The question takes on special salience in light of two very recent events: Paul Krugman’s receipt of the Nobel Prize in Economics for his work on global markets and global trade, and Alan Greenspan’s rather shocking testimony on Capitol Hill Thursday. One is struck first by how entirely separate these two events are in current media reportage, almost as if to suggest that there are good economics and bad, and little in between, whereas most of the actual marketplace exists in that bizarre “in between.”
Still more to the point, I was struck by David Brooks’s partial defense of the Greenspan testimony. For Brooks, the testimony was noteworthy for its candor; Greenspan simply admitted that he did not see the housing crash coming, and was at the same time impassioned in his continued commitment to his own economic philosophy, one based, according to Brooks, on “empiricism.”
What Paul Krugman and Alan Greenspan and most economists share as economists is an intense interest in the way people behave economically, in the psychological motives (and yes, the faith) that drive certain choices. In the world of contemporary economics, according to David Brooks, there are two dominant models of analysis: number crunching and psychology. Greenspan was a number cruncher, says Brooks, and unfortunately, human psychology caught up with him. Greenspan saw real estate values continuing to soar with no end in sight and allowed himself to be persuaded that they would never stop rising, and certainly would never fall. So he never had to think about petty psychological realities, like a crisis of confidence, never mind an actual panic.
But that is what has happened. The sky is falling. The floor has dropped. “Fannie and Freddie” pulled the rug out from under the rest of us. It is panic time, and economics is now decidedly a subfield of social psychology.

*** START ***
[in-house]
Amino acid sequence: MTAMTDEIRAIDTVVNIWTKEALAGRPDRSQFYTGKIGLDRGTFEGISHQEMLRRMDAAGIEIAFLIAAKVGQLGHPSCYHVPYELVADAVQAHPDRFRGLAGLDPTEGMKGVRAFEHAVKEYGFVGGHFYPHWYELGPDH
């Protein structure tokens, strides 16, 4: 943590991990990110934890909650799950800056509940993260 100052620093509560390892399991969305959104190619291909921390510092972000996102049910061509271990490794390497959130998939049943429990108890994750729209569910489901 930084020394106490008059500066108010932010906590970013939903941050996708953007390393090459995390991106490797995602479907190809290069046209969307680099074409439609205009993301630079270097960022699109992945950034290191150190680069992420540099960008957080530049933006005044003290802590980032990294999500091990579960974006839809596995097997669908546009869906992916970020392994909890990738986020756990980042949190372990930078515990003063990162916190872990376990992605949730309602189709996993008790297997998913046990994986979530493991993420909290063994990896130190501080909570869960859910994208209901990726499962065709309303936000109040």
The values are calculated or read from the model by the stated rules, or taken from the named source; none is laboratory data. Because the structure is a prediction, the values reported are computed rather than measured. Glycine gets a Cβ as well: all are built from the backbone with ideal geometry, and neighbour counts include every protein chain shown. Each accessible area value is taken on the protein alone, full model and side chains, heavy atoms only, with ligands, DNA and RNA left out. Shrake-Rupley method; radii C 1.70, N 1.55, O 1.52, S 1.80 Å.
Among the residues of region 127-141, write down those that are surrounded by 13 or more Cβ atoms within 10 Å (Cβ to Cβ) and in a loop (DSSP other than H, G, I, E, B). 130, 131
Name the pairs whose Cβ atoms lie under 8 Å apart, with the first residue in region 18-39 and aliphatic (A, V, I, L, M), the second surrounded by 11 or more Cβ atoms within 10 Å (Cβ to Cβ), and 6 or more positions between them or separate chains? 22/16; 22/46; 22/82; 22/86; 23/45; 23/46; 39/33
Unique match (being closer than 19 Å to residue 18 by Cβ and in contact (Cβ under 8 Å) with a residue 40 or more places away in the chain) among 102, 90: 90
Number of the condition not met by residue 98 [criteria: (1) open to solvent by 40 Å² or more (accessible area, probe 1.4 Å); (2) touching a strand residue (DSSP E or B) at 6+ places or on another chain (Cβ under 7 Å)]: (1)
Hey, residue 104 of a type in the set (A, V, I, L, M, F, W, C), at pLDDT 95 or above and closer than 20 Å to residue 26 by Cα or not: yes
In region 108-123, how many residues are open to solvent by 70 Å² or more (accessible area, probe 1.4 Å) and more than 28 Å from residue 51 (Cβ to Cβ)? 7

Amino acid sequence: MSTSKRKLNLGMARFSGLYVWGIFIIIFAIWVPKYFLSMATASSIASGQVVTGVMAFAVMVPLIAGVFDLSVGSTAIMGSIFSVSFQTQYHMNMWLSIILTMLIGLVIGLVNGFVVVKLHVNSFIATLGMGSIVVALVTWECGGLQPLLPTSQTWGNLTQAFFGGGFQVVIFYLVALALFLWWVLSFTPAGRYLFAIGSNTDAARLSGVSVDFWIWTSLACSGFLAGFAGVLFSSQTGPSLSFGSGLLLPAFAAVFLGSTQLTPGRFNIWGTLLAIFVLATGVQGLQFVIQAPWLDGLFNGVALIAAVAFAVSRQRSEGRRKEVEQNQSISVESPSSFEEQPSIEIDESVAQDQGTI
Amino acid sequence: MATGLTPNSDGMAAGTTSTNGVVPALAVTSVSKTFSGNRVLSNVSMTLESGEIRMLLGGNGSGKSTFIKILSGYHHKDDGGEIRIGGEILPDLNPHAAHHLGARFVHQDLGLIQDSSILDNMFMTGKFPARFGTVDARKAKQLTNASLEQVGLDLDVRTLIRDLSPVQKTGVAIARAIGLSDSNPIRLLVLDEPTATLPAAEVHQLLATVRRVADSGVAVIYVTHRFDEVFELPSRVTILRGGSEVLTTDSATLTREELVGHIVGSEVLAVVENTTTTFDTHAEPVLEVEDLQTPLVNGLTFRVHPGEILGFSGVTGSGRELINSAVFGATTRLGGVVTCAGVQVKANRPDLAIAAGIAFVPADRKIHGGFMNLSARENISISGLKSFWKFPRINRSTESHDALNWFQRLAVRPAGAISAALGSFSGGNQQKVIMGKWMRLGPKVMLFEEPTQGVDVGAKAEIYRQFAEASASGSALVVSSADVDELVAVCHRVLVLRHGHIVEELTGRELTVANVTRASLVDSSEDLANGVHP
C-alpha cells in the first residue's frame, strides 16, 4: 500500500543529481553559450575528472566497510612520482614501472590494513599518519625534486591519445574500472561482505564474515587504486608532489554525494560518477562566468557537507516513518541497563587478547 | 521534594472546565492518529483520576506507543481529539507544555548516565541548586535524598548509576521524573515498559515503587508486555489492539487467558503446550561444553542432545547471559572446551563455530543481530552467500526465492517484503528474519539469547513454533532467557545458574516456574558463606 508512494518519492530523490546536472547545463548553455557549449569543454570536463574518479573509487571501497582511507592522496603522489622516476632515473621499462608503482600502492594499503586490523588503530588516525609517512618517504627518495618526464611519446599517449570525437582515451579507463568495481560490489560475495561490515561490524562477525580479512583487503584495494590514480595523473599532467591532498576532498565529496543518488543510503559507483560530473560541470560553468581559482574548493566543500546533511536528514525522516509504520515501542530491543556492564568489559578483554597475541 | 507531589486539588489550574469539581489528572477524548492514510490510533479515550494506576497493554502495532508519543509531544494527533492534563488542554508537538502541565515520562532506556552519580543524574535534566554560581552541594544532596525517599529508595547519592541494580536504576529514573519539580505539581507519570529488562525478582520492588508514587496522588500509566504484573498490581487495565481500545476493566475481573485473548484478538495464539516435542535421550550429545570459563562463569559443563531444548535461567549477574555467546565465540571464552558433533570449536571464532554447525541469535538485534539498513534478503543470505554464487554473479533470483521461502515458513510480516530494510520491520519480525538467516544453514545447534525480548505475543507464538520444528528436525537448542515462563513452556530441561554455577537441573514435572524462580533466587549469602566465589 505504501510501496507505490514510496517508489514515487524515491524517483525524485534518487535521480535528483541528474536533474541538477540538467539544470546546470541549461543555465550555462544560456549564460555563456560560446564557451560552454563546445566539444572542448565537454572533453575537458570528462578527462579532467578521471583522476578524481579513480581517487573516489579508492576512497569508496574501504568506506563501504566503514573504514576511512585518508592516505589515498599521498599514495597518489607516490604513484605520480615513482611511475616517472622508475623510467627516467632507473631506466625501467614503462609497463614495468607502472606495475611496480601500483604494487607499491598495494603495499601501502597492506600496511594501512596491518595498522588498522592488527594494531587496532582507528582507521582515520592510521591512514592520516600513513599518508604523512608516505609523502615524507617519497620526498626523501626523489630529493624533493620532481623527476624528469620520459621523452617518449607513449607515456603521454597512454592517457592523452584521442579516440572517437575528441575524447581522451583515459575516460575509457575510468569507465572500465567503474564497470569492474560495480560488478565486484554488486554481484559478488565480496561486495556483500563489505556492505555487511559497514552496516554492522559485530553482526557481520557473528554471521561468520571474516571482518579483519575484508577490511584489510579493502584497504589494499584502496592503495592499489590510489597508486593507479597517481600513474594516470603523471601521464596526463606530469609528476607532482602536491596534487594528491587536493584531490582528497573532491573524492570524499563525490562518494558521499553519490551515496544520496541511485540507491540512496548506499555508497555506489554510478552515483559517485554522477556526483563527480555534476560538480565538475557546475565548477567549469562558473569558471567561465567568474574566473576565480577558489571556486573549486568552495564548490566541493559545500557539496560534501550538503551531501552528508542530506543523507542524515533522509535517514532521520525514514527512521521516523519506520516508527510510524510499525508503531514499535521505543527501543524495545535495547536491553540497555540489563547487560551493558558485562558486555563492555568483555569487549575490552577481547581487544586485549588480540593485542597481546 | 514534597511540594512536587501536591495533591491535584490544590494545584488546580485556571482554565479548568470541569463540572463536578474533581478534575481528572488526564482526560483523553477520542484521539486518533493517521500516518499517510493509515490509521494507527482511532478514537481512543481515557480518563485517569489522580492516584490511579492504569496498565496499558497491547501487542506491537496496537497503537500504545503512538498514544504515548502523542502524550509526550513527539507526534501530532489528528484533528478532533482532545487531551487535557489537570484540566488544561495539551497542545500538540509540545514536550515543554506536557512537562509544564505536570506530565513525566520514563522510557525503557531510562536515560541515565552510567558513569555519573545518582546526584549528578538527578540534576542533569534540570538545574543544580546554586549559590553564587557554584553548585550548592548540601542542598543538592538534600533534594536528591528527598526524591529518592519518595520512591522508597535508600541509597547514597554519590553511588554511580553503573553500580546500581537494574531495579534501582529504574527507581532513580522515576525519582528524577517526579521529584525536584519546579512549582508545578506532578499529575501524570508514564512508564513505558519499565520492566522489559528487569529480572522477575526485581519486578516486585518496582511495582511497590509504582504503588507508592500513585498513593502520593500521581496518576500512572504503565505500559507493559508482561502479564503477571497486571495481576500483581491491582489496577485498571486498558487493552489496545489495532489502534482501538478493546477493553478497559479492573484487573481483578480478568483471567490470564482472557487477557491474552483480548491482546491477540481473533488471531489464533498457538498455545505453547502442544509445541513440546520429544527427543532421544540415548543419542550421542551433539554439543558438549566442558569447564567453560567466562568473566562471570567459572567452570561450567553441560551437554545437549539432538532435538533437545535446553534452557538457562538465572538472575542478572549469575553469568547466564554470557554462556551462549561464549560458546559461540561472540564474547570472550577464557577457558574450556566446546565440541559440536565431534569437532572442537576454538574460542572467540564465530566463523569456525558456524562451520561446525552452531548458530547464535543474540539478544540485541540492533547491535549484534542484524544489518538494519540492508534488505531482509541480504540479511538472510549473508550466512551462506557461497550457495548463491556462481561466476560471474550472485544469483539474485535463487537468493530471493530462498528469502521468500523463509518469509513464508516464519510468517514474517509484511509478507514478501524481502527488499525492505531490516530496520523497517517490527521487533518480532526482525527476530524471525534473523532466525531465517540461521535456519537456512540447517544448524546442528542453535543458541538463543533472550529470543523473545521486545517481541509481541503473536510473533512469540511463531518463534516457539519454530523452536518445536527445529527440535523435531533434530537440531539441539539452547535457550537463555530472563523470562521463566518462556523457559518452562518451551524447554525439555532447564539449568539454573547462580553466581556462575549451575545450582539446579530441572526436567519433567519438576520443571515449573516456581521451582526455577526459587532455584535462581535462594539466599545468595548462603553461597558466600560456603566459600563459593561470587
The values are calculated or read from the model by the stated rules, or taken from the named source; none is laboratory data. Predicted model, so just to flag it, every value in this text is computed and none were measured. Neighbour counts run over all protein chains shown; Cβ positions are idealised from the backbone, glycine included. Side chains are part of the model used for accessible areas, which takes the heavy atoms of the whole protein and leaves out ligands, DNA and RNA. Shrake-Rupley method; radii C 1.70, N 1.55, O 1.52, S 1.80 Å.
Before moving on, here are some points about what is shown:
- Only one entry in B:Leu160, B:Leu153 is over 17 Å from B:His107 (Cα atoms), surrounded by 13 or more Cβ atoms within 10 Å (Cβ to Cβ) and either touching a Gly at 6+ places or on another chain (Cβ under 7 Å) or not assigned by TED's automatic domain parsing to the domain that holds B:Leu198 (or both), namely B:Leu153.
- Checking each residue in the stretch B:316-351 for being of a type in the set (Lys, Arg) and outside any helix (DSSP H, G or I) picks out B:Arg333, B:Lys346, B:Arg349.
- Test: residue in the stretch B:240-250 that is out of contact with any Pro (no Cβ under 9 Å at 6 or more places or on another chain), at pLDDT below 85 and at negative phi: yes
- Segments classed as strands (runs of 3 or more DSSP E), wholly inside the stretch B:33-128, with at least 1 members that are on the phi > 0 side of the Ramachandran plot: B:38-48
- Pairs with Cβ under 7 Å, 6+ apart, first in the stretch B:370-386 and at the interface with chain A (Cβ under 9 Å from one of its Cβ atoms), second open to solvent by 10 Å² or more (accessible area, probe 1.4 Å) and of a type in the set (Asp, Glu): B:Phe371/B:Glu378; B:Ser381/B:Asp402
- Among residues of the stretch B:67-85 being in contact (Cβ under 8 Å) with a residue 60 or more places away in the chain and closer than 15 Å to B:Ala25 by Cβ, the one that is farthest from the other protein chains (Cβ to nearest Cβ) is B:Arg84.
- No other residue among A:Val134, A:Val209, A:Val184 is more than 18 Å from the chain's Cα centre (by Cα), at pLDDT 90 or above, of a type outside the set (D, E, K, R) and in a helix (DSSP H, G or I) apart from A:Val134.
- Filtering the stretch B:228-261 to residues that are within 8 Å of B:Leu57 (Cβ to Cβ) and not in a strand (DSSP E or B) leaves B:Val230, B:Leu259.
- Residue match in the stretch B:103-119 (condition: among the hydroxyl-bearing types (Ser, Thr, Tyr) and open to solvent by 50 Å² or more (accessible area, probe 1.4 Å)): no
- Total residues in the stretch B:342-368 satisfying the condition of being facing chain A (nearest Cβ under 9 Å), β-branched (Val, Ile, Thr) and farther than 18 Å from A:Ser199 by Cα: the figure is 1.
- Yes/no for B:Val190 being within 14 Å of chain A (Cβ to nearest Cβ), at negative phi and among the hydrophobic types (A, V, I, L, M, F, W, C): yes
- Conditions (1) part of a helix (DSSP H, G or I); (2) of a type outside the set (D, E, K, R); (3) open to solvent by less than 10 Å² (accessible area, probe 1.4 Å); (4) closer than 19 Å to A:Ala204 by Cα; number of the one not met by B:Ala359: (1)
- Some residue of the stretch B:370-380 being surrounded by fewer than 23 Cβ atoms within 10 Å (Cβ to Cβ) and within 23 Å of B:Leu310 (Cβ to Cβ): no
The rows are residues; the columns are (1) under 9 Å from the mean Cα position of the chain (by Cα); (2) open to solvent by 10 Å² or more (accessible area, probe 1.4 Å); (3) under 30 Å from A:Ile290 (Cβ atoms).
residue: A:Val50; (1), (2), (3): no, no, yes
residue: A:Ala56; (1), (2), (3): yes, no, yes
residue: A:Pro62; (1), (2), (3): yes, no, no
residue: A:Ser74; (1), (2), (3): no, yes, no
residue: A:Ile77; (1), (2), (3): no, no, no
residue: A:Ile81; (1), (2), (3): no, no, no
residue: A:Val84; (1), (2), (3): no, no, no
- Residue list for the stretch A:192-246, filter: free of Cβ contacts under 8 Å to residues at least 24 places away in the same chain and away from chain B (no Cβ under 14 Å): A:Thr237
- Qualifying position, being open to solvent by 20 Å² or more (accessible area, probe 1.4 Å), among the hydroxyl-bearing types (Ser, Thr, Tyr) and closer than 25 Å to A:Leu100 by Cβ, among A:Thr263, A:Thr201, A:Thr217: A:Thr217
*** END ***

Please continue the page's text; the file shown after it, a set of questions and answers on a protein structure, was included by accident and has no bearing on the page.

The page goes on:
Now, a conservative like David Brooks, whose candor and commitment to principle is laudable, believes himself to be a “policy wonk”; he likes speeches, and even politicians, who are “wonky.” He makes this claim with tiresome regularity. Most of his social and political analysis hinges on his sense of how mainstream Americans “really” think, what sorts of broad psychological generalizations apply to this electorate. And it is this—the psychology of the market—that he feels Greenspan missed, because he found it uninteresting if not irrelevant.
I was nearly seduced by the reasonableness of that analysis. Then it hit me: the current crisis has nothing to do with psychology; I wish it did. But it is utterly empirical. It is a simple matter of borrowing with no intention to repay, of ignoring debt that soars to staggering proportions, of buying and misrepresenting portfolios, then finding creative ways to invent wealth that in fact does not exist. To liken this to a balloon bursting is ludicrous; it makes it sounds like someone took too deep a breath before blowing, or the air inside suddenly got too warm. This bubble burst because people—the economic types, the alleged experts, the wonks—failed to call things by their right names and failed to tell the truth. Houses are homes, not investments. You shouldn’t buy one you don’t intend to live in for a good long time, because there is no telling what someone will be willing to pay for it a year from now. You shouldn’t buy “bundles,” enormous collections of bad debt, or worse still, imaginary insurance policies, simply because the person selling them has called them “securities.”
This crisis is ironically not psychological at all, though much of the pain is. No, this crisis in empirical, a simple matter of numbers (and words) not adding up. And the reason they don’t? Because people, really bad people, lied about them, cooked the books, sold this nonsense to their friends, and to the rest of us. So forget economic theory, and psychology; we need an ethicist. And the question before us now ought to be: who is going to jail, and when?